By Jeff Danner Jeff has worked in both the chemical and biotech industries and is the veteran of thousands of science debates at cocktail parties and holiday dinners across the nation. In his Common Science blog, Jeff aims to make technological and scientific concepts accessible to all.
  • Meanwhile, In The War On Science

    May 12, 2014 at 5:08 am

    Here they go again. Republicans in the United States House of Representatives are working on a bill called the Frontiers in Innovation, Research, Science, and Technology (FIRST) Act of 2014. In their typical Orwellian fashion, the name of the proposed legislation gives the impression it supports innovation when, in truth, it would suppress it – […]

  • My Conflicting Thoughts on Beekeeping

    May 4, 2014 at 7:28 pm

    In Part I of this series, I discussed the importance of pollinators to our food supply and the theories surrounding the alarming decline in their population. In Part II, I outlined ways in which we could improve local land use and land use policies to support native pollinator populations. Here in Part III, I will […]

  • The Vanishing of the Bees Part II: Local Efforts

    April 27, 2014 at 9:36 pm

    Last week in Part I of my series on bees, I reviewed the importance of pollinators to our food supply, the science behind the dramatic reduction in global population of honey bees, and the status and psychology of attempts to understand and solve the problem. This week, rather than further exploring the global issues, I […]

  • The Vanishing of the Bees Part I: Psychology

    April 20, 2014 at 3:35 pm

    I have been considering writing about the importance of honeybees and their mysterious and troubling population decline for some time, but have been waiting for an aspect of the story that I thought needed further exploration. Now I have found two: the psychology which we apply in complex situations like this, and how I think […]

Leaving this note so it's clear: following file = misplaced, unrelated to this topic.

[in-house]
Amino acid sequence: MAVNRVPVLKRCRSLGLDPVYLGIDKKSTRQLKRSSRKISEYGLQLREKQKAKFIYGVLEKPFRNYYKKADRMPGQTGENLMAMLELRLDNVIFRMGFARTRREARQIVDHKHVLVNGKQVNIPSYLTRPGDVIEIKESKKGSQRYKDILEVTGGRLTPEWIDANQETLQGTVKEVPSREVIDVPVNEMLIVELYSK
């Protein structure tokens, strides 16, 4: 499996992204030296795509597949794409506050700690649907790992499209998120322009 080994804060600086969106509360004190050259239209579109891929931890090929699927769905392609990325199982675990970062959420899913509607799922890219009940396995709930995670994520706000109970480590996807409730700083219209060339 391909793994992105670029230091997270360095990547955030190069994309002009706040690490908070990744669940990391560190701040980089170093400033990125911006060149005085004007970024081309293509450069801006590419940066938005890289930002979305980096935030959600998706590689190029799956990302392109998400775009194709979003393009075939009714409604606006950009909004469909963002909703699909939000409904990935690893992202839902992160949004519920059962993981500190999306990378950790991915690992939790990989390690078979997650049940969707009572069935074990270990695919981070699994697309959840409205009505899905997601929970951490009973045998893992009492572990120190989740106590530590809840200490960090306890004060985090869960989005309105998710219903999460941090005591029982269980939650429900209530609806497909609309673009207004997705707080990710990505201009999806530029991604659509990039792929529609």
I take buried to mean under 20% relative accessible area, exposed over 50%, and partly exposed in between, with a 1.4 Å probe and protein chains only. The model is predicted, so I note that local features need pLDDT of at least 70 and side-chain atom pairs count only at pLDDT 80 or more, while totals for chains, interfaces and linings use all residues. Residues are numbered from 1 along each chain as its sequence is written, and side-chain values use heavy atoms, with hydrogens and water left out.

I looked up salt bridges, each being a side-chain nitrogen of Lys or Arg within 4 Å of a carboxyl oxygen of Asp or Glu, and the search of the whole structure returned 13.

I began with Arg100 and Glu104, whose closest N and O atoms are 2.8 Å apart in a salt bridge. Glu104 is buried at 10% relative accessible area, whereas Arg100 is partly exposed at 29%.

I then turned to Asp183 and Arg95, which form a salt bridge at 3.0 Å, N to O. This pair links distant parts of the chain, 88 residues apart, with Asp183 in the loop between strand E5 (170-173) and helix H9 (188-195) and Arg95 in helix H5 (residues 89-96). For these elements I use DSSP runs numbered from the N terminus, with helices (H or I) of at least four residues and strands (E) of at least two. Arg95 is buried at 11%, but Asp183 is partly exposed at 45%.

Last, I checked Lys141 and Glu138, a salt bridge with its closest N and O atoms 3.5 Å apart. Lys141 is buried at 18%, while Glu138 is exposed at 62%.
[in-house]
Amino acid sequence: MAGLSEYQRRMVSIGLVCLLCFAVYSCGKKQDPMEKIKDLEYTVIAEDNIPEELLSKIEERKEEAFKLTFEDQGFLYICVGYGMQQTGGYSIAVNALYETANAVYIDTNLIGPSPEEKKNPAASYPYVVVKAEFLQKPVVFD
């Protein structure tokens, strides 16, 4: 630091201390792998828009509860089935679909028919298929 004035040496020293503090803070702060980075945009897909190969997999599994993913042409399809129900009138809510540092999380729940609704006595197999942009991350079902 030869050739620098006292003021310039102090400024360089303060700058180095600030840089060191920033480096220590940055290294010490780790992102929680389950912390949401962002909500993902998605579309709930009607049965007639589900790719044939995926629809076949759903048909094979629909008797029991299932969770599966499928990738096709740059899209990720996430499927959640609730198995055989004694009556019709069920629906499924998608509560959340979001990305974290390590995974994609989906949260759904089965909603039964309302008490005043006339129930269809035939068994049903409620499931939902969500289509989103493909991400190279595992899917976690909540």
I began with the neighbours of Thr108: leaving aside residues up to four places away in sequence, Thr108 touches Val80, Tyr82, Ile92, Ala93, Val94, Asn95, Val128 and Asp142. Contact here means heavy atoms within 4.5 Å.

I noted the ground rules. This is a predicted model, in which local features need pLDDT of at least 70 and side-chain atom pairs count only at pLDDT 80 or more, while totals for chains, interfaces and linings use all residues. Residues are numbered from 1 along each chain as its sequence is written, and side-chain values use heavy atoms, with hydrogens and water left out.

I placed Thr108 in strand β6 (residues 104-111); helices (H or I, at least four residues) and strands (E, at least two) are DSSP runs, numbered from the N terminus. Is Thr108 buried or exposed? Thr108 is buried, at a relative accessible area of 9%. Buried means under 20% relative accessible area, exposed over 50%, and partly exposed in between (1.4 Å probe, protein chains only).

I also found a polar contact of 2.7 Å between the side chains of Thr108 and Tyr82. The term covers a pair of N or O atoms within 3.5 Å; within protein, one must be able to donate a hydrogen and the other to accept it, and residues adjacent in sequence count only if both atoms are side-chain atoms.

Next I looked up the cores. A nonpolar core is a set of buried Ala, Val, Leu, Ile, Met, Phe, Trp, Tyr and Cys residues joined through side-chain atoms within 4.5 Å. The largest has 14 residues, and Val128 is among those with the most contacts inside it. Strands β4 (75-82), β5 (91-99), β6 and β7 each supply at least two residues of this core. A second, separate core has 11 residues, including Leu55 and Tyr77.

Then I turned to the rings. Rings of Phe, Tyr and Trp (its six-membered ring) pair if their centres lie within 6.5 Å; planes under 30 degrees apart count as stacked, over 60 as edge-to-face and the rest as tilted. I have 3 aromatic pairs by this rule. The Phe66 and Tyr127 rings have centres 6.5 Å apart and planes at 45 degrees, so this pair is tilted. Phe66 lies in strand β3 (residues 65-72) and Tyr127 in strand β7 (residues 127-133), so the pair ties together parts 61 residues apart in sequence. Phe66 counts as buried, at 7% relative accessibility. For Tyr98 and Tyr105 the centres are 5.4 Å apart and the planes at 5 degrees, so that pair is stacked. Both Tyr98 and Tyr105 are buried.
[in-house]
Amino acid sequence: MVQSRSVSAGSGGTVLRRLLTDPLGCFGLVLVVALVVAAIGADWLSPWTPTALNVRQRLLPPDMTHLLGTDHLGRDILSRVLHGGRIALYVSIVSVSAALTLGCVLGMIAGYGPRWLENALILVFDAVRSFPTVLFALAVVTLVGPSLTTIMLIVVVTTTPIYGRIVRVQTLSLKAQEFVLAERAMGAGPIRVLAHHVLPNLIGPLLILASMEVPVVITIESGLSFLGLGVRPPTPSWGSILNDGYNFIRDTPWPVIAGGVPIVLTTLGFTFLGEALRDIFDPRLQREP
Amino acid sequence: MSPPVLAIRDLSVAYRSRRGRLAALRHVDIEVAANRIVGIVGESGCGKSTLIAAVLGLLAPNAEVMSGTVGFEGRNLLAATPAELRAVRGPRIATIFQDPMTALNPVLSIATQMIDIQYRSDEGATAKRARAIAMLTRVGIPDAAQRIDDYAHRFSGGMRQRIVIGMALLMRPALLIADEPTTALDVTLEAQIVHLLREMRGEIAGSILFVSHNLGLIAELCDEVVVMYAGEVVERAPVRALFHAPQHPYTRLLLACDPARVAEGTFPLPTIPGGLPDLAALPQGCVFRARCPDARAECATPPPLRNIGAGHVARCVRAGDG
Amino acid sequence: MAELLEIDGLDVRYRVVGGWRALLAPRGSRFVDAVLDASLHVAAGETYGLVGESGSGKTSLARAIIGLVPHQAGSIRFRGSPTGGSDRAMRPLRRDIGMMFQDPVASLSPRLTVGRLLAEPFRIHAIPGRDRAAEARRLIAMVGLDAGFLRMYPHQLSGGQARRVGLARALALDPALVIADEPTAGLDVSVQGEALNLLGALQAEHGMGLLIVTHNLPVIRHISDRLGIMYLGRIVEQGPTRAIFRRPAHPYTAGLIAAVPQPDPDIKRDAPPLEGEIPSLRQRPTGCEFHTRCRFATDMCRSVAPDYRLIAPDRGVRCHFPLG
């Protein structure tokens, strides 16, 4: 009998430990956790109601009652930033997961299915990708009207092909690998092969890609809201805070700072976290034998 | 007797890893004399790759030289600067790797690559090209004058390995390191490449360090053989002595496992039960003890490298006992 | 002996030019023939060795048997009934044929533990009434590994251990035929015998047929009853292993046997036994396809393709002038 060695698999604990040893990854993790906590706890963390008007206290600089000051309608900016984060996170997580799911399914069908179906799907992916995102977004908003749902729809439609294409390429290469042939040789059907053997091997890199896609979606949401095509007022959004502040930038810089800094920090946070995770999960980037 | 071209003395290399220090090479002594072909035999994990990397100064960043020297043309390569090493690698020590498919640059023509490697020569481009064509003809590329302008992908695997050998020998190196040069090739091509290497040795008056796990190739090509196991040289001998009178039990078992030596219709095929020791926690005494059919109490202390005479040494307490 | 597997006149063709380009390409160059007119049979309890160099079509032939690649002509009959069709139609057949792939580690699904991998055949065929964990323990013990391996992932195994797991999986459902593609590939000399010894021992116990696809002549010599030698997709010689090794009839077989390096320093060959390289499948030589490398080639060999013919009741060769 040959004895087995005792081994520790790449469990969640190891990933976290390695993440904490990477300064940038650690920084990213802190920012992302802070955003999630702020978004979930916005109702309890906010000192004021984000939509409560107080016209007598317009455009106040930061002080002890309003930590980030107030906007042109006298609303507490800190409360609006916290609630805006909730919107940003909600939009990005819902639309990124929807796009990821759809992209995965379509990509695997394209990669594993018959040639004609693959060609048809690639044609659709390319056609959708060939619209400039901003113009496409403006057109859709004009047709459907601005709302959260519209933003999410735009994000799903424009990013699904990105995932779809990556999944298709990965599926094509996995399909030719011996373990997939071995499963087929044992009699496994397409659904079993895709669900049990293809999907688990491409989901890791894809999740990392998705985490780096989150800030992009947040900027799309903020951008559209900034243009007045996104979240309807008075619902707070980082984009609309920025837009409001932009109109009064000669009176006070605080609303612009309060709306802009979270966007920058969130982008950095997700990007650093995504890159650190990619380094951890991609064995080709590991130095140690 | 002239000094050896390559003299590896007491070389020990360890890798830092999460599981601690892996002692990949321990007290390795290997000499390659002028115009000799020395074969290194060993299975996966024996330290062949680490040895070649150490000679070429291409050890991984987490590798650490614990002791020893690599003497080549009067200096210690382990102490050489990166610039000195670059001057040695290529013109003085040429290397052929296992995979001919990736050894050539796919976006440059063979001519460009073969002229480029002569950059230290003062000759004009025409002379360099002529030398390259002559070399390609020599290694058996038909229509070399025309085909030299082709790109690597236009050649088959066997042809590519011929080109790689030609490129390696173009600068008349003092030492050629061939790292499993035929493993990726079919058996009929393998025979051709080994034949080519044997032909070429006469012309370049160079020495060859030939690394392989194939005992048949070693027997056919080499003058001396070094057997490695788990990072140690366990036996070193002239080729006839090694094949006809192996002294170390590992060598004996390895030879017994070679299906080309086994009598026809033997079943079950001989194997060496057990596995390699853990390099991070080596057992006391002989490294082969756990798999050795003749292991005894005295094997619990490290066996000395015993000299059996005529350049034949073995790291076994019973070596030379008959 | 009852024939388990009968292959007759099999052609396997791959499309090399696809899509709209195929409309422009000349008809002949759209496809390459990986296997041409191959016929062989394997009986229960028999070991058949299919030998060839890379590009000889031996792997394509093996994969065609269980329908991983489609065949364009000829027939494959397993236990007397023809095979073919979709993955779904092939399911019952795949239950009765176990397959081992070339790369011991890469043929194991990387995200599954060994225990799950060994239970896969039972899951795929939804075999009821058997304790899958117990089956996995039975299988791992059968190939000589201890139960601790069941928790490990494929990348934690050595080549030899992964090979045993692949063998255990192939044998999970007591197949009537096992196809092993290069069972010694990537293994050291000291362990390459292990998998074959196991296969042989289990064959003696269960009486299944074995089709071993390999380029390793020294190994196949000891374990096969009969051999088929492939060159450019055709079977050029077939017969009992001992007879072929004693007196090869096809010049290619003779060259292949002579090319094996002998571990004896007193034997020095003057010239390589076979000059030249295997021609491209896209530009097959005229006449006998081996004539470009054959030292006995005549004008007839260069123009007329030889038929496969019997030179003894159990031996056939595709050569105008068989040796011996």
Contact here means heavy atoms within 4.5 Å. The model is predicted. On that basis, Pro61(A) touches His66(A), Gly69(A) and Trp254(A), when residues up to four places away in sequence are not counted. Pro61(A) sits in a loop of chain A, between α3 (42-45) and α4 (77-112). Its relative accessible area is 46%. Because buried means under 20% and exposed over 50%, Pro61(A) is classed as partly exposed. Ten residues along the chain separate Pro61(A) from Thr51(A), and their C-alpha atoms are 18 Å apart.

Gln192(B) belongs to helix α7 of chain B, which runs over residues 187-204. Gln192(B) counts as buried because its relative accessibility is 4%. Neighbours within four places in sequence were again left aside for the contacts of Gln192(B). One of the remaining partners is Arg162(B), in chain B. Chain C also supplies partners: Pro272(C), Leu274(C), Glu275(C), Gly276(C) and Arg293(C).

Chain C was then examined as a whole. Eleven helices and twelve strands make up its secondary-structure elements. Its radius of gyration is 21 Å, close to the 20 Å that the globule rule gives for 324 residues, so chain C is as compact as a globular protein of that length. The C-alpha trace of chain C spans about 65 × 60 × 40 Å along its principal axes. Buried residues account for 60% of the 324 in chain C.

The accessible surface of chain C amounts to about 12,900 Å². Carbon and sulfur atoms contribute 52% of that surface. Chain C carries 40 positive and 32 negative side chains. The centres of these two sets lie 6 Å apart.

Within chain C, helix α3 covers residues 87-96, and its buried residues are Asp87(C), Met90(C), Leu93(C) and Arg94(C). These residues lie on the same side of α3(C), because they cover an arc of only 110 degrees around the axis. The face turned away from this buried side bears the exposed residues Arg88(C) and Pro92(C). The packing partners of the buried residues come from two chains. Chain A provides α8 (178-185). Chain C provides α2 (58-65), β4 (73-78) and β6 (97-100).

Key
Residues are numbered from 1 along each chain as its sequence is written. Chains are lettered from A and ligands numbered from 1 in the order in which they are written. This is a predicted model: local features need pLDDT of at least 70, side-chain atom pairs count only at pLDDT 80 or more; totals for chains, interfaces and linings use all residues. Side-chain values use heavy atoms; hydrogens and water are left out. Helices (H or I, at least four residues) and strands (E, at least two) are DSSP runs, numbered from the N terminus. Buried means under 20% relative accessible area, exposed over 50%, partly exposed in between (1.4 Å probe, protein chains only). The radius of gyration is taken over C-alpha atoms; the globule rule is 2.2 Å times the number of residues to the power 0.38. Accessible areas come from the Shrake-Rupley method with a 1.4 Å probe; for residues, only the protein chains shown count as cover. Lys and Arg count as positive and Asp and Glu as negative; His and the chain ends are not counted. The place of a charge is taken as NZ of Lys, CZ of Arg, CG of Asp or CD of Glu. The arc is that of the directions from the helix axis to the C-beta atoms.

• 3D Printing Part III: A UNC Connection

    April 13, 2014 at 8:50 pm

    In Part I of this series I reviewed the history and science of 3D printing. In Part II, I speculated on the future. Here in Part III, I’ve got a local connection for you. Dr. Jan Sumerel received her Ph.D. from UNC in Biochemistry and Biophysics in 1998 (while living in Carrboro and listening to […]

  • 3D Printing Part II: The Future

    April 6, 2014 at 9:12 pm

    In Part I of this series, I discussed the history and science of 3D printing. This week I will move on to discussing the current uses of 3D printing, as well as some potentially exciting future applications.

  • The Birthday Problem

    March 31, 2014 at 6:00 am

    You may have heard that if you are in a room with 23 people, there is a greater than 50% chance that two people in the room have the same birthday. This is commonly known as the “Birthday Problem.” Most people presented with this information are, at least initially, quite skeptical. Typically what throws people off is that they approach the problem with an incorrect perspective.

  • 3D Printing Part I: The Technology

    March 23, 2014 at 8:57 pm

    For the past several years, 3D printing technology has been garnering quite a few headlines. Unfortunately, as is common for the main-stream media, many of the interesting science elements are left out of these stories. So I figured it was time for a Common Science treatment of this fascinating technology. This week I will discuss […]

  • China, The Canary in the Coal Mine

    March 16, 2014 at 8:26 pm

    When I started writing Common Science in 2011, I did not envision devoting so many columns to resource constraint issues. However, every time I listen to the news or read the paper I am assaulted with warning signs of rapidly approaching resource scarcity issues. Many of these stories are set in China. Let me give […]

  • Checking In On Peak Oil

    March 3, 2014 at 9:23 am

    In last week’s column, The Case of the Missing Propane, I explained how the widespread use of hydraulic fracturing (fracking) of shale oil deposits since 2008 has led to a 30% increase in the production of crude petroleum in the United States. While that statistic makes for snappy headlines, it is not particularly meaningful to […]

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